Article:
1512 Lewes Old Grammar School established in the will of Agnes Morley, widow of John [Ashdown], Prior of Lewes.

1515 Houghton Regis, Luton, Bedfordshire was founded by William Dyve a mercer (a merchant who trades in cloth)

1532 Horsham School, West Sussex founded by Richard Collyer who was also a mercer.

1539 The Crypt School, Gloucester founded in 1539 by Joan Cooke with money inherited from her husband John a wealthy brewer and mercer and mayor of Gloucester.

*[Victoria County History says 1508, Wolv' school says 1512, their school charter dated Sept 1511]

Let's look more closely at three of these:

Macclesfield Grammar School Sir John Percyvale, was a former Master of Merchant Taylors (1485) 10 years before Flower became a Warden of the company. Sir John was Lord Mayor of London (1498) a year before Flower became Warden a second time. So they will have known each other.

Wolverhampton Grammar School Sir Stephen Jenyns (bn c1450) - was probably about the same age as Flower - was master of Merchant Taylors in 1489, was a wool merchant, became a sheriff of London in 1498 (Merchant Taylor’s advanced him £26 13s 4d. towards his expenses), and was elected Lord Mayor of London in 1508. Again a very close association with Flower who we know ‘exported cloth through the Port of London with Stephen Jenyns' in January 1506.

Houghton Regis is near Dunstable, Bedfordshire. William Dyer, probably a decade younger, was not a Merchant Taylor, but was in the closely allied profession of mercer. Mercers were merchants and exporters of wool and importers of velvet, silk and other luxurious fabrics. Flower is likely to have known most of the main fabric merchants in the trade.

The funding of the school was by chantry endowment:

‘a very rich chantry bequest in Houghton Regis, made by William Dyve, citizen and mercer of London, consisting of lands and tenements of the yearly value of £20 12s. 2d.’ … ‘The chaplain received a pension of £6 for his chanting, and a further £1 6s 8d. for teaching six poor children. Dyve put the lands of the endowment in the hands of trustees for a period of ninety-nine years …’

In Conclusion

Henry VII realised the importance of education in maintaining order and stability in his realm. Before his reign was over in 1509, he had succeeded in promoting education without burdening its citizens or nation's finances.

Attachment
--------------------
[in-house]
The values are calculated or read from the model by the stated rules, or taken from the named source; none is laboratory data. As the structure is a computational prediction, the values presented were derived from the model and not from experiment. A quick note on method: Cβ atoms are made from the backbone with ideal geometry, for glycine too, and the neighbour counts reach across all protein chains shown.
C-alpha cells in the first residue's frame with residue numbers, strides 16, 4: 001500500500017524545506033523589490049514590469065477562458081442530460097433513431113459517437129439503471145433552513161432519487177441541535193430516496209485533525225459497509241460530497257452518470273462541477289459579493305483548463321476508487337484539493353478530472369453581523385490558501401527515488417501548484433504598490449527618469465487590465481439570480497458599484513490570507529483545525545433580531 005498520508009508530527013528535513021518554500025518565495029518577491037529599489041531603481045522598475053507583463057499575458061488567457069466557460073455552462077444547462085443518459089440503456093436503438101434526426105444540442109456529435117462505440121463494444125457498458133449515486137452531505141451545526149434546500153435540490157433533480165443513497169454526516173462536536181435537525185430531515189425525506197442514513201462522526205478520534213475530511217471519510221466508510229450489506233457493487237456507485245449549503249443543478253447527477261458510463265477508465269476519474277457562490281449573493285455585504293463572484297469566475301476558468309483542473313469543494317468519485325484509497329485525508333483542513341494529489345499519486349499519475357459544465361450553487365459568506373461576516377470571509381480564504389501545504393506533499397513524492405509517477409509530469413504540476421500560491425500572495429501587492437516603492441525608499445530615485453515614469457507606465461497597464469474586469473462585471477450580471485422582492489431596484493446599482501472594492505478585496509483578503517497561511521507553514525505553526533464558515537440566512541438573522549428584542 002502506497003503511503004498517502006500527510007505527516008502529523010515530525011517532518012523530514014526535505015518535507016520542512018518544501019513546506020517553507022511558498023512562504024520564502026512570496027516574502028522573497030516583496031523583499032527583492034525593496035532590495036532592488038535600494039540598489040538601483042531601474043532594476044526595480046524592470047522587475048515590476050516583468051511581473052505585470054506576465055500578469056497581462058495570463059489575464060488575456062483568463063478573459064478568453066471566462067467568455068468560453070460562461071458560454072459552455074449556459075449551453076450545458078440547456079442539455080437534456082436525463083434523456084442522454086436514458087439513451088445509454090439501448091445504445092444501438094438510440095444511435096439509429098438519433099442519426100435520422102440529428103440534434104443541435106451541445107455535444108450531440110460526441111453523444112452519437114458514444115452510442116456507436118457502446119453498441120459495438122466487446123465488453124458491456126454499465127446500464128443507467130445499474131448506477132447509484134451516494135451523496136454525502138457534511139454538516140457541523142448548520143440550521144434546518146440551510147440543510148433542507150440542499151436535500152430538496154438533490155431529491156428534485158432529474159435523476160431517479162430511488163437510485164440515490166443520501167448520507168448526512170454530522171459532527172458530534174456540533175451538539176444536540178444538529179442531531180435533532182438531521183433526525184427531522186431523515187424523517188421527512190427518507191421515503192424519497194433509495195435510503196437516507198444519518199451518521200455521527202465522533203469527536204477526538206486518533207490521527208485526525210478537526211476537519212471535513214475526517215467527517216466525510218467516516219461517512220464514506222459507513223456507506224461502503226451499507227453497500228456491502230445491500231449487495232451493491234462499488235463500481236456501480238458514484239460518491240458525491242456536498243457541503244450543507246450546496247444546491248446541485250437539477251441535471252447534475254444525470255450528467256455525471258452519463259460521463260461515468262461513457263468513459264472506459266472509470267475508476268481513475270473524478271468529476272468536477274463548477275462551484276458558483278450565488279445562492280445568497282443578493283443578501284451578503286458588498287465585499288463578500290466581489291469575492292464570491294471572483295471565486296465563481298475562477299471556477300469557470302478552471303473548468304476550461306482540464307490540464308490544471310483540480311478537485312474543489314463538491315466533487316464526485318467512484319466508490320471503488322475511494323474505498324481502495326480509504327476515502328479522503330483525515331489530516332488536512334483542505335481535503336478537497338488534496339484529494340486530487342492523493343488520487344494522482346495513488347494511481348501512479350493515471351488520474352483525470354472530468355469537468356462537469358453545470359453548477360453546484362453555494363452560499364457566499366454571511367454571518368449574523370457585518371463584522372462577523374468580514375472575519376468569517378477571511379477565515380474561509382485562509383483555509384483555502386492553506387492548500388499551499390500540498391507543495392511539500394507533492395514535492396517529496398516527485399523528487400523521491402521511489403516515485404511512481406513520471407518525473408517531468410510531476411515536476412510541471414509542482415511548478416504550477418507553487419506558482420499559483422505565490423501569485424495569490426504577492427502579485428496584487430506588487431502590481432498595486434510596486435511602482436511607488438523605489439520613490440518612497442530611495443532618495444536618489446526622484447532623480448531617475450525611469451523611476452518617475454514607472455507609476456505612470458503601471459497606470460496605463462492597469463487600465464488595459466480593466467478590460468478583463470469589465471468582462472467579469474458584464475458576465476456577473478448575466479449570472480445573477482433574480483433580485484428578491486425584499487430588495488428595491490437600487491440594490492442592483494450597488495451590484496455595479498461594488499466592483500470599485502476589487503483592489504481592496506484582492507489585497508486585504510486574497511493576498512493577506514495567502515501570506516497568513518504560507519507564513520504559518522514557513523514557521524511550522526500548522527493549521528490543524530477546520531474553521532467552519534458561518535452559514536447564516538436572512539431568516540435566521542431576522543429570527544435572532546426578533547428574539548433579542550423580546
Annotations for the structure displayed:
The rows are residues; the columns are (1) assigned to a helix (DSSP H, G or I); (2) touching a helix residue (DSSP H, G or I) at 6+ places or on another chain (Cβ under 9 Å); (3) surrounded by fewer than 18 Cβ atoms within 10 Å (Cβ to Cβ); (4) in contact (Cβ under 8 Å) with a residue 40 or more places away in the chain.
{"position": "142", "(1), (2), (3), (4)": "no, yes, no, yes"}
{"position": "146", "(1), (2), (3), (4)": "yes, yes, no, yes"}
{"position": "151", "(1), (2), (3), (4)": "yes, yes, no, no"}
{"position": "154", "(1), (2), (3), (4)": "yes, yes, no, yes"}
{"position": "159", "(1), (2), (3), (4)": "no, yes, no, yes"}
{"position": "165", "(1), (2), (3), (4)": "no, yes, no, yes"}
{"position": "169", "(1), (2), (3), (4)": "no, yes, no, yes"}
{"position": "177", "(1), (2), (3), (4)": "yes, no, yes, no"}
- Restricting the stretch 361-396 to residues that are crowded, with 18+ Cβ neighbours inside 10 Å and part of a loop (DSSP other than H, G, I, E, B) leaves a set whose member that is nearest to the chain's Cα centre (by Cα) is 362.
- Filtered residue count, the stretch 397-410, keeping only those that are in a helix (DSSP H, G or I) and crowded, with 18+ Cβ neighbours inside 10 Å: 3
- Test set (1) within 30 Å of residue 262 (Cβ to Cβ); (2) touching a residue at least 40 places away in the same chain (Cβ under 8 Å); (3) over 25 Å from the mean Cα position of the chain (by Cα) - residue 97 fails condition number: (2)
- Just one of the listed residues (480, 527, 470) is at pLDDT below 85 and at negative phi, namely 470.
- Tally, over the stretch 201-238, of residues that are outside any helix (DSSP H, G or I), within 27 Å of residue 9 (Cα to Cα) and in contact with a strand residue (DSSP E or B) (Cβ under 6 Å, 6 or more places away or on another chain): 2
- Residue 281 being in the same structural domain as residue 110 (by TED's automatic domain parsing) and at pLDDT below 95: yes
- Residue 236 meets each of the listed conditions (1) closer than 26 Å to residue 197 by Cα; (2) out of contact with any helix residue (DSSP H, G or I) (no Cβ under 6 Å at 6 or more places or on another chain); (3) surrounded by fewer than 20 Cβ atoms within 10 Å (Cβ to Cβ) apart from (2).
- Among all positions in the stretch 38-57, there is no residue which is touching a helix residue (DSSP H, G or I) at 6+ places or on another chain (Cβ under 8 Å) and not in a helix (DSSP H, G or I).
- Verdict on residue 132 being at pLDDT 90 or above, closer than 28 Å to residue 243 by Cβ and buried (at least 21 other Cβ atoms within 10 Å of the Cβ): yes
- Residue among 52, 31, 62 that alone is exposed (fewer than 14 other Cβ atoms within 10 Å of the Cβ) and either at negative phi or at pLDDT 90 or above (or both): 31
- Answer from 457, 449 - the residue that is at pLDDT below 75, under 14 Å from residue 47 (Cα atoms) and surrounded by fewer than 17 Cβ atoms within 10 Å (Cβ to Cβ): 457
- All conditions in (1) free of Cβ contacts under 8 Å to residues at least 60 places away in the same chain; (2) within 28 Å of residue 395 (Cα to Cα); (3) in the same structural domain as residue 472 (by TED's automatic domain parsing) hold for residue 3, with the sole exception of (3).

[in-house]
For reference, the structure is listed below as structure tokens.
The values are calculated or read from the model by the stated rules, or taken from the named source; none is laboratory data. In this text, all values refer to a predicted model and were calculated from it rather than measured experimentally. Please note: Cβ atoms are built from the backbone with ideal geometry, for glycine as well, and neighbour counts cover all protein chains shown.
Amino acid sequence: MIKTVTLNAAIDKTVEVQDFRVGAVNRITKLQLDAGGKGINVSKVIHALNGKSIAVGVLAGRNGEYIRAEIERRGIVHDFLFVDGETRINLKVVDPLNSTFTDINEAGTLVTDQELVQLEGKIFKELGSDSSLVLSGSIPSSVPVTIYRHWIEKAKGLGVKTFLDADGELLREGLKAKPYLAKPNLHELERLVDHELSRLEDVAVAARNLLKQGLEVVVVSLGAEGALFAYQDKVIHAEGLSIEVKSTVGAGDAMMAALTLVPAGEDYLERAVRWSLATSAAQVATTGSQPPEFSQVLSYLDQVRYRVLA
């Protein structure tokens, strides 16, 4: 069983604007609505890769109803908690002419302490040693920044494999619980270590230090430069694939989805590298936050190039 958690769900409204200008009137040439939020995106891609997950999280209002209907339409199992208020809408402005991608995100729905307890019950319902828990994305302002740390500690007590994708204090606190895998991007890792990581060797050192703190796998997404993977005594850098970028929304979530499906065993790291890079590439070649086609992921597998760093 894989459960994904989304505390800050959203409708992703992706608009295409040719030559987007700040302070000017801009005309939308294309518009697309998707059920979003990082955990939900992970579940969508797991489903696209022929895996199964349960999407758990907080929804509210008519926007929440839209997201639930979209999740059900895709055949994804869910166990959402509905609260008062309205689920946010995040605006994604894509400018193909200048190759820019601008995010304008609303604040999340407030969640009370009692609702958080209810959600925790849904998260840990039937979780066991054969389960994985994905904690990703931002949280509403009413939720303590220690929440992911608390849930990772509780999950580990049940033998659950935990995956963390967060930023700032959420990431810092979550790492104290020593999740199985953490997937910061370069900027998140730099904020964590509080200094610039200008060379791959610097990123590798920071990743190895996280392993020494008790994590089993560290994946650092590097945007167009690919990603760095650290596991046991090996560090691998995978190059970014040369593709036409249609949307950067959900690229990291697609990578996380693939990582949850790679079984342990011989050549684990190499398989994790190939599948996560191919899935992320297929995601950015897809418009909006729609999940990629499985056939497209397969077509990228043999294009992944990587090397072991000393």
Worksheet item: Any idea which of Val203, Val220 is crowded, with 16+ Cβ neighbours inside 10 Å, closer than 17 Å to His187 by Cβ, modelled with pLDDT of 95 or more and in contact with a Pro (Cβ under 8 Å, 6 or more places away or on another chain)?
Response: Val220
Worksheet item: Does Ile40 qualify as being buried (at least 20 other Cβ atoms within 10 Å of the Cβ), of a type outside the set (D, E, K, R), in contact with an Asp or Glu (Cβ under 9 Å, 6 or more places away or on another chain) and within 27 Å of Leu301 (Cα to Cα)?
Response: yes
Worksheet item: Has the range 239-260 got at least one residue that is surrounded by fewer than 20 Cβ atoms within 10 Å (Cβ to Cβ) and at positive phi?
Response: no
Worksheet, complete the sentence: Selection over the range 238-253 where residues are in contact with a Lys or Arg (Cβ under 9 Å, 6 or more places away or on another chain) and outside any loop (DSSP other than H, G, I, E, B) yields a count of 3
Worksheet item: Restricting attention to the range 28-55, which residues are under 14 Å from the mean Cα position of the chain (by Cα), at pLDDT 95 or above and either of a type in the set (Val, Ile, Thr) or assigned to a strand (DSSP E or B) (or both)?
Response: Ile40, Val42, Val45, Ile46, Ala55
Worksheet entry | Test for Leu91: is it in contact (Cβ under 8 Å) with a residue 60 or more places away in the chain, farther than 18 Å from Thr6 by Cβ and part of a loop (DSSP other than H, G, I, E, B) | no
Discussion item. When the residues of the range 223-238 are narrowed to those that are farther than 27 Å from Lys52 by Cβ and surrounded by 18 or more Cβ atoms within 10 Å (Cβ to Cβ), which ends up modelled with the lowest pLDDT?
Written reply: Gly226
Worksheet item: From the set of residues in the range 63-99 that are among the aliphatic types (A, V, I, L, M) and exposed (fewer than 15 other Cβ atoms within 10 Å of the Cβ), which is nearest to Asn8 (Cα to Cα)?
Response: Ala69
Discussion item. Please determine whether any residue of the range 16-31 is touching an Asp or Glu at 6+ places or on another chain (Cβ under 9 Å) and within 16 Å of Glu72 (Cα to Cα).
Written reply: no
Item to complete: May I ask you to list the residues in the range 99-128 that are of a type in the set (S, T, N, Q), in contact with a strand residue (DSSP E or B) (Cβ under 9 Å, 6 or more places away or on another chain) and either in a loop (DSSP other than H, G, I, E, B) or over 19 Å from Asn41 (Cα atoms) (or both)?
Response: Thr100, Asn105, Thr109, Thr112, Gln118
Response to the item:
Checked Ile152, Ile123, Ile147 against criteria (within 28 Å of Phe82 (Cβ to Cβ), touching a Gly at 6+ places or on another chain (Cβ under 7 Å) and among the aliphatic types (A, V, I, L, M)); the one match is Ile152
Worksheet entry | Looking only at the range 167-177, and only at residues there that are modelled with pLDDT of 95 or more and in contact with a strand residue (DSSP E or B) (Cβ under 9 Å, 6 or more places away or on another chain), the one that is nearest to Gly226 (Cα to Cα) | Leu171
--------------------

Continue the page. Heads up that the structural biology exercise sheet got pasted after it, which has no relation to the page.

Before his reign access to education at the time was largely limited to the nobility and the wealthy classes but Cuckfield Grammar School was set up, as were others, for the education of poor scholars with free access to education.

*Cuckfield Grammar School was 124th to be set up in the country - this is according to the 'English Schools at the Reformation' [details belwo] - which is a chronological list of schools operating with chantry certificates (or other validation warrants) in 1894. Some from the list have long since ceased to exist.


Education in England in the Middle Ages, by Parry, Albert William, 1874-1950, P234

Export of cloth: P159

The Merchant Taylors' Company of London 1486-1493: Court Minutes (The Merchant Taylors' Company of London: Court Minutes) edited by Matthew Davies.

English Schools at the Reformation, 1546-8 by Arthur F Leach, l\LA.., F .S.A., 1896. Comprehensive chronological school list included.

'The story of Cuckfield's historic Church Schools' by the Headmaster William Herrington, Mid Sussex Times 3 January 1922.

'The School 500 Anniversary book' - 500 years of history 1512-2012, by Jo Roche and Emma Cameron (former pupils and then mums at the school) published privately on Photobox in Decembe 2012.

Edmund Flower's will (11 July 1521) wording (in full) and Cuckfield grammar school's foundation date:

 ‘ citizen and marchaunt tailor,' of London, says: ‘I for certeine years past at my costs and charge have caused a free Gramer Scole to be mainteined and kepte at Cukfelde for the erudicion and lernyng of pore scolers thedur resortyng to the honour of God in that behalf.'

From 'The History of the Parish of Cuckfield', Rev James Hughes Cooper, 1912. Includes a translation of Edmund Flower's will.

Illustration Grammar School. Stratford-on-Avon. In Church Street stands King Edward's Grammar School, where the boy Shakespeare was educated; the school buildings adjoin the Chapel of the Holy Cross. The Grammar School was founded in 1482 by Thomas Jolliffee, a Stratford man, and refounded by the King in 1553. Wikimedia public domain image..

Contributed and researched by Malcolm Davison.


bottom of page